Legally Sharing Customer Photos On Social Media – What You Need To Know
At a recent social media conference I attended, one of the key things that stood out to me was a session about how to *legally* share customer photos, or what is known as “user generated content”. User generated content is what happens when someone takes a photo of your business/their food, etc. and either shares it to social media (either by posting directly to your business page, or posts it to their personal page but tags your business or uses a hashtag of your business name). This can be done by posting an official review, simply saying how amazing your business/food was, or by “checking into” your business.
User generated content is powerful – It extends your reach exponentially, and provides additional content telling potential customers how good your business is. This is something I try to look for when generating content for social media pages, and share when possible. Did you know in a recent survey, 88% of people trust a stranger’s opinion when it comes to businesses, even more so than a friend or family member? If someone else can say how amazing your business is, it just makes it that much better than if we said it. The customer’s photo/content is deemed more trustworthy and credible; as a bonus, their post is automatically shown to their friends who may not follow your business page but probably should, which is why a business should always try to share customer’s photos.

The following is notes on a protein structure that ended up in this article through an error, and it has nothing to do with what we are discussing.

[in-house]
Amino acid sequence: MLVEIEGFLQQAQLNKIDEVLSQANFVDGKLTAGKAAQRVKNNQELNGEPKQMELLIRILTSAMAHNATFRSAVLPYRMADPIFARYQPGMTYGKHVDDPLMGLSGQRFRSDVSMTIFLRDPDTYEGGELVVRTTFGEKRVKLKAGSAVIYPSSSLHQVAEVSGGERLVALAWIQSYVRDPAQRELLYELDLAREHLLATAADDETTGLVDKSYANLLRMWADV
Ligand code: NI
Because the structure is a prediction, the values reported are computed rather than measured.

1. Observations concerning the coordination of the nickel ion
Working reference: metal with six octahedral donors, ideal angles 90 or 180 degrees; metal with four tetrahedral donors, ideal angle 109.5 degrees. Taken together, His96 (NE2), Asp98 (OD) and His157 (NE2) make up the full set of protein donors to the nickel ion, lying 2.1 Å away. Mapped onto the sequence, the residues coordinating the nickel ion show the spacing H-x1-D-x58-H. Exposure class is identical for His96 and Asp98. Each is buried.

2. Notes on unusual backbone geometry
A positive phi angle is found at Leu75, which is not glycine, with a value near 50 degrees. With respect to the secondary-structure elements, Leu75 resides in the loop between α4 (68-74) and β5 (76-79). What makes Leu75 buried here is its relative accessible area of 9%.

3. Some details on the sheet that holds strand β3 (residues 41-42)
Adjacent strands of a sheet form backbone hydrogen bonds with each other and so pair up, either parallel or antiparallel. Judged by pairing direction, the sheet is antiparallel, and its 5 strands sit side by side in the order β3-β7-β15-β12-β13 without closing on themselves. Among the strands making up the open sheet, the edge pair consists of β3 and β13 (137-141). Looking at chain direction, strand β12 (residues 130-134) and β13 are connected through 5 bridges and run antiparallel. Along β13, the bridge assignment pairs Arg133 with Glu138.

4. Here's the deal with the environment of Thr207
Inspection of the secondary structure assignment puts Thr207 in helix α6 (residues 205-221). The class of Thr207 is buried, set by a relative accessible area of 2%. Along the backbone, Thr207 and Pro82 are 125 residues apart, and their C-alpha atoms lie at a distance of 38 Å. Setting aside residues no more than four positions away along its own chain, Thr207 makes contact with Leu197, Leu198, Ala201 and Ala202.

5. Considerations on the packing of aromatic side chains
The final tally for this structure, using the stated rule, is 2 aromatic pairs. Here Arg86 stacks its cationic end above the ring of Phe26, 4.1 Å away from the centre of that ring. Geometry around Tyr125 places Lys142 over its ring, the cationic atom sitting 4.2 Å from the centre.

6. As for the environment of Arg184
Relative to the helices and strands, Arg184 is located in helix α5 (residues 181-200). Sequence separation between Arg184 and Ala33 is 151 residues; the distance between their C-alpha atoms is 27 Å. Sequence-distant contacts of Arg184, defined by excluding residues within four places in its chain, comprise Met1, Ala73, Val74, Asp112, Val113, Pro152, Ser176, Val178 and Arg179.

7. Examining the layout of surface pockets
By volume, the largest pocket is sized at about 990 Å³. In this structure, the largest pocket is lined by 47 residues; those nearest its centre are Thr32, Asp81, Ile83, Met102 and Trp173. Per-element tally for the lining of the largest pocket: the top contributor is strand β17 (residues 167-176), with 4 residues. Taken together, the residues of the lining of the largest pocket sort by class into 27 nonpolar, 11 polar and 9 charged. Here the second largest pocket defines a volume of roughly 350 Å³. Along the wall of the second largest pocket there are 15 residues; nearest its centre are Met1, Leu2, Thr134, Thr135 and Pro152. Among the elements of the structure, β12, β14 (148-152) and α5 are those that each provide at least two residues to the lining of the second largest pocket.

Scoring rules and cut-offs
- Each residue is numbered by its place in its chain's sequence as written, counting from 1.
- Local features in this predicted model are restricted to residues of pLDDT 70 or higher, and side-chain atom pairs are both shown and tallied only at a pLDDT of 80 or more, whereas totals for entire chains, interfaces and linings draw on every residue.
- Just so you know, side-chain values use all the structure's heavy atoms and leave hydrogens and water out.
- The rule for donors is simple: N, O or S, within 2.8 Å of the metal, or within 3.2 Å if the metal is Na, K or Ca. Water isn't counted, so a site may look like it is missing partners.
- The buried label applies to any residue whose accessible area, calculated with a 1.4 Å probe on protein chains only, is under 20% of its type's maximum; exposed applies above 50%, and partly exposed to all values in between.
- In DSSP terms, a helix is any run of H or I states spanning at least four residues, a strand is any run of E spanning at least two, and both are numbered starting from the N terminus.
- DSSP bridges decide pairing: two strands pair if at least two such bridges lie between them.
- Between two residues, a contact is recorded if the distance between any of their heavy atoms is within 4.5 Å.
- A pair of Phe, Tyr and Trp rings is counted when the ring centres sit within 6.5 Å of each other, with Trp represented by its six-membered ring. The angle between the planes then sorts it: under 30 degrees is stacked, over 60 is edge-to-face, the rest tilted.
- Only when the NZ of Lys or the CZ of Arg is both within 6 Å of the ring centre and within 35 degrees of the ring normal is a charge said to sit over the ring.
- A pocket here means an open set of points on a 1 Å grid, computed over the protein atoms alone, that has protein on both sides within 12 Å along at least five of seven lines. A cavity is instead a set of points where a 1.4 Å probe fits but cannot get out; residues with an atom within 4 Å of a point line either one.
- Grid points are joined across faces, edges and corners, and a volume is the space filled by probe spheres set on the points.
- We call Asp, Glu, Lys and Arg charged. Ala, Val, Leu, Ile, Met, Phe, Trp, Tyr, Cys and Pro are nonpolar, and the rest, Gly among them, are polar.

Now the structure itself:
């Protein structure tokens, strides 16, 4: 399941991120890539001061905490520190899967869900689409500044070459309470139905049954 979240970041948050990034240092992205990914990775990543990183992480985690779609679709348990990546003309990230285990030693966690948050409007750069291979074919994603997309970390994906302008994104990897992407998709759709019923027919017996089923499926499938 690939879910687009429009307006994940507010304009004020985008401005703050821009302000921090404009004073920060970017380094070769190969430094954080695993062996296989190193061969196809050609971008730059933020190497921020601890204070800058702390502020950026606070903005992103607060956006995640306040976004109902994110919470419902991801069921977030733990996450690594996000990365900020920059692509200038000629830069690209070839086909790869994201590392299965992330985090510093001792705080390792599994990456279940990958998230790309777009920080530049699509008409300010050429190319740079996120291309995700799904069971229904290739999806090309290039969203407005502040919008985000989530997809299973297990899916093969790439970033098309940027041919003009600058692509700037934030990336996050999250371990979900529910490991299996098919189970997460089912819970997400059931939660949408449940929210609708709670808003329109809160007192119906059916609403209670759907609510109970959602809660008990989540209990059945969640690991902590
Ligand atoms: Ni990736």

But … now we’re getting into a shady/grey area when it comes to using people’s pictures without their permission online in an effort to promote a business, and it gets a little complicated. Social media is social by nature, and sharing posts is good, but there’s a slightly different rule-set for businesses. So hang on…here we go!
If you share a customer photo that has been posted directly to your company’s page, you’re allowed to share it to your business page WITHOUT permission as long as it stays on the same platform (for example: FB -> FB or IG -> IG). Point of note: Even though sharing pictures is a part of the social media experience, it is still expected that business pages show common courtesy by giving photo credit. Ex. “Thank you Sally for sharing your picture with us!”, so always give photo credit. Additionally, since you did not get written approval, you should NEVER use these posts in any adverting! Don’t boost the post on FB either. You are using someone else’s intellectual property to promote your business, and if you did not receive approval, this is not legal.